President Joachim Gauck has said in a newspaper interview that Muslims living in Germany are more definitively a part of the country than the religion of Islam, a slight change from the stance of his predecessor.
When asked about a quote from the previous president, Christian Wulff – who had said that “Islam is now also a part of Germany” – Gauck told the newspaper Die Zeit that he would not have used this particular sentence, adding “but I do welcome the intent behind it.”
“I would have simply said that the Muslims who are living here are a part of Germany,” Gauck said in an interview published in the current edition of the weekly paper. He elaborated further, defining what he considers the most important factor for people with immigrant roots to be part of Germany.
“Anybody who has come here and doesn’t just pay their taxes, but also likes to be here, partly because there’s a level of justice and freedom not available in their country of origin, they are all one of us; so long as they adhere to our basic rules,” Gauck said.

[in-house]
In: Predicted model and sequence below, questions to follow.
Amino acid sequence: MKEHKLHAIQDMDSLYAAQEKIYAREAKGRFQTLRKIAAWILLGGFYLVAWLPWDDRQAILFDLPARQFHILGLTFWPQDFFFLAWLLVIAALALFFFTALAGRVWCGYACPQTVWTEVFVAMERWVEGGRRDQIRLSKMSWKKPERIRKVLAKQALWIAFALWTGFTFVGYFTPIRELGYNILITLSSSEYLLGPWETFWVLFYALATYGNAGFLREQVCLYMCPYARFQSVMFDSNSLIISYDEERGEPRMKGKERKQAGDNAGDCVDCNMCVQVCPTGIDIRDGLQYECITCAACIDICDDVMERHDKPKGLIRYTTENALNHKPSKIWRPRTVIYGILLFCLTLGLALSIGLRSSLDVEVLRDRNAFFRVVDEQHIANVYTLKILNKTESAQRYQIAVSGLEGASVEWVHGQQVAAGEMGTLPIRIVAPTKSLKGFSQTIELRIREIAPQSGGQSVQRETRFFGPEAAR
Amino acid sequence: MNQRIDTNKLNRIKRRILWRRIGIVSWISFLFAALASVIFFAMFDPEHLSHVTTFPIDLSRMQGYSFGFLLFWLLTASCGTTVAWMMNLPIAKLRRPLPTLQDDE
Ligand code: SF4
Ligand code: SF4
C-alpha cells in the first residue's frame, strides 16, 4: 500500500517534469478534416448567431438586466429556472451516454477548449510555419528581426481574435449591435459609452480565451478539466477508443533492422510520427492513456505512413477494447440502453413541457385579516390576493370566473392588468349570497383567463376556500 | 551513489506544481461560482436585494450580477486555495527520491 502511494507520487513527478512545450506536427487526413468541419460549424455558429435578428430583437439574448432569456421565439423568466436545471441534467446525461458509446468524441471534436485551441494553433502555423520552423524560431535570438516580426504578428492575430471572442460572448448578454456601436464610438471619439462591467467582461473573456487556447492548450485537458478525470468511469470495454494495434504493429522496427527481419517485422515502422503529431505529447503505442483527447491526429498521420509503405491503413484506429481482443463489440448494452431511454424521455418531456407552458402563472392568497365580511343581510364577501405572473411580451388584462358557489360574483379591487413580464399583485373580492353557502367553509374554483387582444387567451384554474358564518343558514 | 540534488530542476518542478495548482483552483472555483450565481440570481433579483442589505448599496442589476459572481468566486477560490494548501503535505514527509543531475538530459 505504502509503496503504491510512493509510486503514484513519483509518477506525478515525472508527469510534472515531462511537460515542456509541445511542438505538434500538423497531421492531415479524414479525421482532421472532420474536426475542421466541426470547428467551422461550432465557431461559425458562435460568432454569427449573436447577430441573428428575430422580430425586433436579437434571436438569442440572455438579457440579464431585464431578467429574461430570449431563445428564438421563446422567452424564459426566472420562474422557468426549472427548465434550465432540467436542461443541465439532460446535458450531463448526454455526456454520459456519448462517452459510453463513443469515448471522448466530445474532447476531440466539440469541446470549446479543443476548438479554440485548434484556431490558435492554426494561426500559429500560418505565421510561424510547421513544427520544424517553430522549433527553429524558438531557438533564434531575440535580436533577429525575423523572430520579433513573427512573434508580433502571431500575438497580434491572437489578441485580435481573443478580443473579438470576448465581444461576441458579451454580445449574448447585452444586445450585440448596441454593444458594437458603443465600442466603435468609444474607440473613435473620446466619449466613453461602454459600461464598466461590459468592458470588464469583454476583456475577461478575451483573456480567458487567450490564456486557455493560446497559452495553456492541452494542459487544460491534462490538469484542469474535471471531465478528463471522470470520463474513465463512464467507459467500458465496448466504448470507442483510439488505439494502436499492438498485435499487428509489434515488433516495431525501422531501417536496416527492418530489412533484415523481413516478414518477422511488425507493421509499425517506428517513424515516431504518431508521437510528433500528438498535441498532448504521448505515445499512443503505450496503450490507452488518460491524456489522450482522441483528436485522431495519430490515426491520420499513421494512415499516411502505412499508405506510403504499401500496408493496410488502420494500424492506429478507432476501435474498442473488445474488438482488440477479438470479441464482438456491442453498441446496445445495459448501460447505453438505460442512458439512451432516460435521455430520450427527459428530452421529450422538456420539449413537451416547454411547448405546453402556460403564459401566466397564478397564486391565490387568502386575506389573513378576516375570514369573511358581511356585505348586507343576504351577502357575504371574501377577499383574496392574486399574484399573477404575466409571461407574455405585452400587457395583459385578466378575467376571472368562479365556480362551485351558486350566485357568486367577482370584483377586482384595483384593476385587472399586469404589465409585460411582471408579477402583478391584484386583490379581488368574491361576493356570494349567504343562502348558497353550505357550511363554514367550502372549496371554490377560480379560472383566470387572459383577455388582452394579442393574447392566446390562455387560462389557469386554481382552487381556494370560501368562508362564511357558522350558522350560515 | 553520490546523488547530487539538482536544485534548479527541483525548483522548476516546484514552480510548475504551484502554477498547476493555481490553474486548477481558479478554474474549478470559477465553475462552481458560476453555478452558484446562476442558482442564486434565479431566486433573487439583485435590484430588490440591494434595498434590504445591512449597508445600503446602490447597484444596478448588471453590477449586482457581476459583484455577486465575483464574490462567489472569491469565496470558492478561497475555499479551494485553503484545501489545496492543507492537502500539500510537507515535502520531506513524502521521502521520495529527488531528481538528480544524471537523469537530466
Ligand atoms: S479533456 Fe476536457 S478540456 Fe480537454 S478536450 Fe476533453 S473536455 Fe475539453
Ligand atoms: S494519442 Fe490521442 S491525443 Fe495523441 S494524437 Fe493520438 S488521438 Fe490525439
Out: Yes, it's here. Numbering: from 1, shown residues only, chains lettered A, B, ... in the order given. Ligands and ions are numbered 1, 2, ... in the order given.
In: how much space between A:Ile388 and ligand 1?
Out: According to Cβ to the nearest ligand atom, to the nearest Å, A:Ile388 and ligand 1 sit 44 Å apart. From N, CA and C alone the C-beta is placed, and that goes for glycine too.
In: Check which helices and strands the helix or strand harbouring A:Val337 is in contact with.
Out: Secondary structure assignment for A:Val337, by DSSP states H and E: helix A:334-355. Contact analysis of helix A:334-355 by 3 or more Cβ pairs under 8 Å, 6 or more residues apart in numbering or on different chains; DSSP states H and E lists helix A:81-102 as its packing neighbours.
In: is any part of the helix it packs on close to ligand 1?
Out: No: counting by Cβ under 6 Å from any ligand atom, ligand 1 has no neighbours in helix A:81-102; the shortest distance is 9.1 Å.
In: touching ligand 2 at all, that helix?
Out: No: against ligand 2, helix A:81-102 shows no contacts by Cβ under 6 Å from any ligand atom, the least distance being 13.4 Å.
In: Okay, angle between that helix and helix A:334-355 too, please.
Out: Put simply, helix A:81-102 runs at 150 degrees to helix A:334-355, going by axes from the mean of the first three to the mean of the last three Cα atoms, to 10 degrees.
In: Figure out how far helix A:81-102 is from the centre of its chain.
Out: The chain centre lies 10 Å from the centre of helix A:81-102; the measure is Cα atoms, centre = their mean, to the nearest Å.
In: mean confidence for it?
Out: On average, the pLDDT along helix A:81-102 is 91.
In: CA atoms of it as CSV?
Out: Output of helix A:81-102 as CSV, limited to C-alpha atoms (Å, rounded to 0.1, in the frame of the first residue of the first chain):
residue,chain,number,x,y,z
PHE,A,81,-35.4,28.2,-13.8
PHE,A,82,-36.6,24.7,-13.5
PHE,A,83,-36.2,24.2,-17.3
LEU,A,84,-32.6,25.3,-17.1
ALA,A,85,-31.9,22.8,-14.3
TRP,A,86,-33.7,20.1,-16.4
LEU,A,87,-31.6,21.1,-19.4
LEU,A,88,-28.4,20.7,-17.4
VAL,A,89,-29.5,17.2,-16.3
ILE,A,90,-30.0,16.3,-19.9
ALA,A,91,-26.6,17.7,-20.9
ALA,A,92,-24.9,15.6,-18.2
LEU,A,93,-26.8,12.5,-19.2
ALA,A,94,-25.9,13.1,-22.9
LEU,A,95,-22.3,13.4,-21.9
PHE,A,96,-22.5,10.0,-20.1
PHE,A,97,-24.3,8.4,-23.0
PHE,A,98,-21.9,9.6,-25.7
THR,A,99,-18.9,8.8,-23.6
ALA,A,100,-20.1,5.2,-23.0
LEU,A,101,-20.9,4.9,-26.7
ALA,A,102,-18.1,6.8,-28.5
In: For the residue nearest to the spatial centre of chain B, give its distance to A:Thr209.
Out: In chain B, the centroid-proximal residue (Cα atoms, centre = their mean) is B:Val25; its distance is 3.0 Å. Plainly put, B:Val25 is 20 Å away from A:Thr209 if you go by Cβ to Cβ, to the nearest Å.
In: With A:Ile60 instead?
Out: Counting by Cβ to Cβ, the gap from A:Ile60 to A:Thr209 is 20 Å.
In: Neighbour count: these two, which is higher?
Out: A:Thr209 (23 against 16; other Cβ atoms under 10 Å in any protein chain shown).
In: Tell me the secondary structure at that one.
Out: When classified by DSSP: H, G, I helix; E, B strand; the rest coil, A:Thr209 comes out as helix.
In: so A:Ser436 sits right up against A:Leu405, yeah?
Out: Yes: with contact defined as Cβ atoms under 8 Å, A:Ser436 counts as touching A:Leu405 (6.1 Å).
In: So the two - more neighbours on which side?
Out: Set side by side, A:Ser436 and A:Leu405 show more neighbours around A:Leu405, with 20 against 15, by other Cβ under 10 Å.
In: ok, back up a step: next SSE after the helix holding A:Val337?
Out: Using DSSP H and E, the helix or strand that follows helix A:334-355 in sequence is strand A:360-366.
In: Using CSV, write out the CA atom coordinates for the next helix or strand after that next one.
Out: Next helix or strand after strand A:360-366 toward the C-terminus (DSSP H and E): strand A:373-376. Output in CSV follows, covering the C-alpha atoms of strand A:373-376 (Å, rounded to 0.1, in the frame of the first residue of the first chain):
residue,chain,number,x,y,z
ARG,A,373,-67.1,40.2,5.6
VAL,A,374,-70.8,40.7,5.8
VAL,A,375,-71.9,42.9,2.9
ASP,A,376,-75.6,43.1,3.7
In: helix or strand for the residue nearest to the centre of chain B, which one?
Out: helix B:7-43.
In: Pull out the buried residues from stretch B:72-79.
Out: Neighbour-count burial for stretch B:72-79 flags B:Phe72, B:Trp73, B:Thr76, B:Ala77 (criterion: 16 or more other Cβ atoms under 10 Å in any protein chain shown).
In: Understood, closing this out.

But more generally, the president said he thought “one-sentence formulations on belonging” were problematic, “and especially when they concern something as delicate as religion.”
The co-leader of the Green Party, Cem Özdemir, said in the Ruhr Nachrichten newspaper on Friday that he “can not understand this differentiation between Islam and practicing Muslims,” adding that if Gauck considers Muslims a part of Germany, “then of course Islam is part of Germany too.”